Would Queensborough have been one of those “remote villages starved for entertainment” that the Marks lads visited? I’d love to know.

But anyway, the photo that Evan featured, and his findings about the Marks Brothers of Perth, Ont., got me thinking about those long-ago days when shows would come to the Orange Hall. And I’d like to share with you a delightful reminiscence of them that is included in the late Jean Holmes’s wonderful history of Queensborough and Elzevir Township, a book called Times to Remember in Elzevir Township. This story comes from the late Ed Alexander, whom I remember from my childhood days here. Thinking back on his youth, Ed told Jean and her history-gathering assistants

about the travelling plays that came to the Orange Hall. The fee was 35¢ to see the show. When he was young, if he did not have enough money to pay his admission, he walked around the block on the wooden sidewalks, with a long stick with chewing gum stuck on the end. He would put the stick between the boards and collect enough coins to pay his admission. The shows were usually medicine shows. The owners were trying to con the public into buying their medicine. It was usually described as a “cure-all.” It was a type of tonic, basically useless. 

And then it gets to the part I just love, referring to a part of those shows that apparently was especially popular with the men who worked in the small mines – gold, silver, marble, iron, lime, pyrite, copper, lead and actinolite – that once dotted this part of central Hastings County:

Along with the sales pitch, there would be songs and skits, and prizes for the most popular female. Sometimes, Mabel Chase, from the Chase Boarding-house in Actinolite, won. All the miners would come to buy the medicine and they voted for Mabel.

Ah, Mabel. Mabel, Mabel, Mabel. What I wouldn’t give to travel back in time to see her beaming and blushing with pride as she was chosen “most popular female” – once again – by the miners and others gathered for the medicine show in the Queensborough Orange Lodge.

Times to remember indeed!

8 thoughts on “Give me more of that old-time entertainment

  1. Katherine I remember many good times in the old hall. That is where our wedding dinner was 56 years ago and in those days the community always had a party for you after you returned from your honeymoon. They would collect money, buy a gift and have a dance in the hall. Ours was a coffee table and end tables and I am still using the end tables in our basement. Also there was always a dance in the hall on New Years night. Our family would go to Uncle Bruce and Aunt Carrie’s for dinner, Uncle Bruce would take us for a cutter ride in the afternoon and go back for supper and to the dance in the Orange Hall in the evening. Chairs lined up around the hall and dance around those big posts in the middle. Thanks for bringing back so many memories of good times of years ago.

    • Barbara, what a fantastic addition to the story of the Orange Hall – thank you! I was not aware of the Queensborough tradition of a party for newlyweds after the return from the honeymoon. That’s lovely. (But was that party before or after the chivaree?) And it’s so great that you and Don are still using the gift you received that evening, 56 years ago. And the New Year’s dances too – wow! Really, it’s I who thank you for making sure these precious memories are preserved.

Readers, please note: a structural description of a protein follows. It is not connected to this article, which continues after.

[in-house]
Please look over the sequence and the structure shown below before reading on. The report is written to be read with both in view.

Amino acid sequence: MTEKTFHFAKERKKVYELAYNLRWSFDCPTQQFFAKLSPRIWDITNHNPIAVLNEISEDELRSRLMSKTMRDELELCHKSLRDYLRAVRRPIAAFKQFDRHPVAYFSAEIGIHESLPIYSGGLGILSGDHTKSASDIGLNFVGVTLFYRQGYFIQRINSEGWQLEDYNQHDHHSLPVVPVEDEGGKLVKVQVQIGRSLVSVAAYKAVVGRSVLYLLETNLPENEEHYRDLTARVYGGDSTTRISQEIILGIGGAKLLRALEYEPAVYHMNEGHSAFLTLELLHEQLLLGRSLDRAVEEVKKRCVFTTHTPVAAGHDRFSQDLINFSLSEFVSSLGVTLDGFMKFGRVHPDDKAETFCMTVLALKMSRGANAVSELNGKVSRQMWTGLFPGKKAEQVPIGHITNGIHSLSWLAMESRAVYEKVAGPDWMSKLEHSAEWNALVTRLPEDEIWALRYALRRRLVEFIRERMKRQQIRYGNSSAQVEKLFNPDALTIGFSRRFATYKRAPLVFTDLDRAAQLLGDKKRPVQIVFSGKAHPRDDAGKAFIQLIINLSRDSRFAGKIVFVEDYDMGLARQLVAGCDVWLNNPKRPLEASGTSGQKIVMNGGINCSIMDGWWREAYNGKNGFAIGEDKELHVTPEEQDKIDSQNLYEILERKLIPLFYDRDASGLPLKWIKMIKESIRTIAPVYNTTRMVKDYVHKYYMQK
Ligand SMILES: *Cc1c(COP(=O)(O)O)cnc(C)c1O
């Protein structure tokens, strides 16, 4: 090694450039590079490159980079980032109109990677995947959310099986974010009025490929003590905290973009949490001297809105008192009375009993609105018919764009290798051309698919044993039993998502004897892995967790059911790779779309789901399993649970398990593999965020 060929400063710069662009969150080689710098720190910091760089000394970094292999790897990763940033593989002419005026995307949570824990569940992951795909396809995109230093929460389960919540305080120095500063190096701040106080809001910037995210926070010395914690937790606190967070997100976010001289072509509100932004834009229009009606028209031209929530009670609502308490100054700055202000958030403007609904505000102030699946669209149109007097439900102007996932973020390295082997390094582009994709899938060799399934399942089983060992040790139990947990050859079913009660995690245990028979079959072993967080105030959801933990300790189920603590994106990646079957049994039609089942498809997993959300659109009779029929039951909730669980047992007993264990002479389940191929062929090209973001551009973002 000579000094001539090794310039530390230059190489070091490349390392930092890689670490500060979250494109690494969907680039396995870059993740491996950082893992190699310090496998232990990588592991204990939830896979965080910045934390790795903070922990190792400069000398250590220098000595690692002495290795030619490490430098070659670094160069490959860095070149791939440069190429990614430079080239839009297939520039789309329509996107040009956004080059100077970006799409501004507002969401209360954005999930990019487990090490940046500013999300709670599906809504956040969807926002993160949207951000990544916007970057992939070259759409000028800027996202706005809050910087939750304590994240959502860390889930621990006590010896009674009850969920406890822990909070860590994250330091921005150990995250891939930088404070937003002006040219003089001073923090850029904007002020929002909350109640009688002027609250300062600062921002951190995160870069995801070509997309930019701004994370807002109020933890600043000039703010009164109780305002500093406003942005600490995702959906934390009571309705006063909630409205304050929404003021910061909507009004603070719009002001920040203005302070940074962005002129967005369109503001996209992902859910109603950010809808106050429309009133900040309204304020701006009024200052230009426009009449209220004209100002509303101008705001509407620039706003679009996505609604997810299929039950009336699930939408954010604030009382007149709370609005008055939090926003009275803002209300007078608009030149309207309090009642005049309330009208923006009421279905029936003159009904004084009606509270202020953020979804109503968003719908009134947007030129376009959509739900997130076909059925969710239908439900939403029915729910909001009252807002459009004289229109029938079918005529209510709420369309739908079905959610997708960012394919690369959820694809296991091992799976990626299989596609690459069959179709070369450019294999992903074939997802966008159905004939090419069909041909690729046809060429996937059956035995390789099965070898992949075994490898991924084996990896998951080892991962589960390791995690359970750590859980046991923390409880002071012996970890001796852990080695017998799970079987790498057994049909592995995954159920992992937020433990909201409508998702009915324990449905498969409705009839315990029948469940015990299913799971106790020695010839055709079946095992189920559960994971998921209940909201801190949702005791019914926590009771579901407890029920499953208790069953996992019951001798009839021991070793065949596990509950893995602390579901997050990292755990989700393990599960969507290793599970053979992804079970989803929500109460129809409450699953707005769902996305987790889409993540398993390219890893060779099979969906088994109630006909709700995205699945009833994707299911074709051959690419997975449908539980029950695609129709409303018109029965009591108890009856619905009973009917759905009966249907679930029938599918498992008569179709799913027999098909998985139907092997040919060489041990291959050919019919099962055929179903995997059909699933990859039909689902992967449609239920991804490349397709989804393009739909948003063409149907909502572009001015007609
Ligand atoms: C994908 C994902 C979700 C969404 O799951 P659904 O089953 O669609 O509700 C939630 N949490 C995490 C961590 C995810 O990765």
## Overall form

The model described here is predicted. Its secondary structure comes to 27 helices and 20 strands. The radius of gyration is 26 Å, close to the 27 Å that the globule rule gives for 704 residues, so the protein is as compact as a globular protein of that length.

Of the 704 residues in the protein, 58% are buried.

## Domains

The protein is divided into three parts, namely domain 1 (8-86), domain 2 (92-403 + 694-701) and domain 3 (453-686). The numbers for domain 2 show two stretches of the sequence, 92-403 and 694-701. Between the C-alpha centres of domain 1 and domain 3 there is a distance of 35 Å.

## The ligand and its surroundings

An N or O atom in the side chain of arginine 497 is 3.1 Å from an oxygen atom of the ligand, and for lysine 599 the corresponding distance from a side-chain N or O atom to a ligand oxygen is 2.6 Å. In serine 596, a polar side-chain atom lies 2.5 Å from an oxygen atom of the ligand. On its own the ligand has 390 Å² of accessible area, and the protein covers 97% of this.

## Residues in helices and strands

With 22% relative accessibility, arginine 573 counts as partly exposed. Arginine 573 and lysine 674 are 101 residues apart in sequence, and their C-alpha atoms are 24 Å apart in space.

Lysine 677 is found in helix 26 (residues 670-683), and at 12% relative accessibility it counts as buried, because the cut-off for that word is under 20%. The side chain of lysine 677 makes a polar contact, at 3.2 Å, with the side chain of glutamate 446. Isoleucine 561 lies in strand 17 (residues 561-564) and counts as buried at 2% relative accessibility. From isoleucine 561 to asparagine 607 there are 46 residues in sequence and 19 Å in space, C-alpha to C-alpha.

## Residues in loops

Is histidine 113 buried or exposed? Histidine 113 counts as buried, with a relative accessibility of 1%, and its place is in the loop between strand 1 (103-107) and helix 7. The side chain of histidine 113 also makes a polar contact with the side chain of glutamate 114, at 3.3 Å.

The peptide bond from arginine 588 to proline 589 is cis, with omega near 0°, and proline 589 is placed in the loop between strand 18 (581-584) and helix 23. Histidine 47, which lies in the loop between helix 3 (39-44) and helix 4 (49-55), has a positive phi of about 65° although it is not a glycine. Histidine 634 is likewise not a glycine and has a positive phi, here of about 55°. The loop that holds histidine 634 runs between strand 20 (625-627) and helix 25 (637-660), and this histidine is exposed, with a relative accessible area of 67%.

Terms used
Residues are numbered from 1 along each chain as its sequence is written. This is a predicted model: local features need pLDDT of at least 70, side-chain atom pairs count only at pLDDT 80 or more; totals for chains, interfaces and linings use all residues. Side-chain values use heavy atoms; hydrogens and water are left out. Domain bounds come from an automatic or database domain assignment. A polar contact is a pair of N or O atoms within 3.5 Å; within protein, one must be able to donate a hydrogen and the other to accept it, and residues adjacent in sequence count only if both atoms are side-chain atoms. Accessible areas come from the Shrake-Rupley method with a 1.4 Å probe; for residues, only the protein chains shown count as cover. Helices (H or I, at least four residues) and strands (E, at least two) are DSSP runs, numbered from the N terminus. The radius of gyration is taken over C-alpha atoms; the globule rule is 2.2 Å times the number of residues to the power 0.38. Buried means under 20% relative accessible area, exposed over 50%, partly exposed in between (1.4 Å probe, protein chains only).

• The party was later on after the chivaree. The night of the chivaree the couple always had to take everyone to the store and buy treats for everybody. I guess one probably could not buy something in these days that would last as long as our tables have.

  2. Very dear Katharine Oh my. A picture of a LOL on the front page! Impossible ti read further. You may not know that for many, celebrating the Loyal Orange Lodge inOntario verges on the equivalent of celebrating the KKK in the US south.

    Affectionately Johannah


    • Oh, I certainly know all about the dark side of the Orange Lodge, Johannah. As I wrote here some time ago, my father always felt it fitting that at the annual Orange parade in our area, the man who held the Bible was – fittingly, he thought – unable to read. The L.O.L. was responsible for a lot of nastiness in Ontario history, including the crazy story of the Cavan Blazers. But I also know that men of good will in small communities throughout the province were a part of the lodge, far more, I am sure, for the opportunity for friendship and socialization it offered to people living spare, work-your-fingers-to-the-bone rural lives than for any serious interest in stamping out Roman Catholicism. For better or worse, the L.O.L. is an important factor in rural Ontario history.

  3. Hi Katherine…..thanks for the article on the Orange Hall ( and your time doing it!)…..someone told me that he and his father would go around eastern Ontario and raise (jack up) the main floor in the unused Orange Halls, then they were rebuilt into apartments, cant remember who told me… hard to believe there were such divisions between Protestants and Catholics, not so long ago…..I have a photo of my grandfather, he was ” King Billy” that year, in the Toronto Orangemans Parade, probably about 1938, mounted on a big white horse……

    • Looking back on that not-so-distant history now, Bob, it really is hard to believe it happened, isn’t it? Times have certainly changed – in this case, for the better, when it comes to religious tolerance. But those big old Orange halls remain all over the province, and it’s interesting to hear of a project to turn them into apartments. Hm, maybe it’s time Queensborough had some apartments…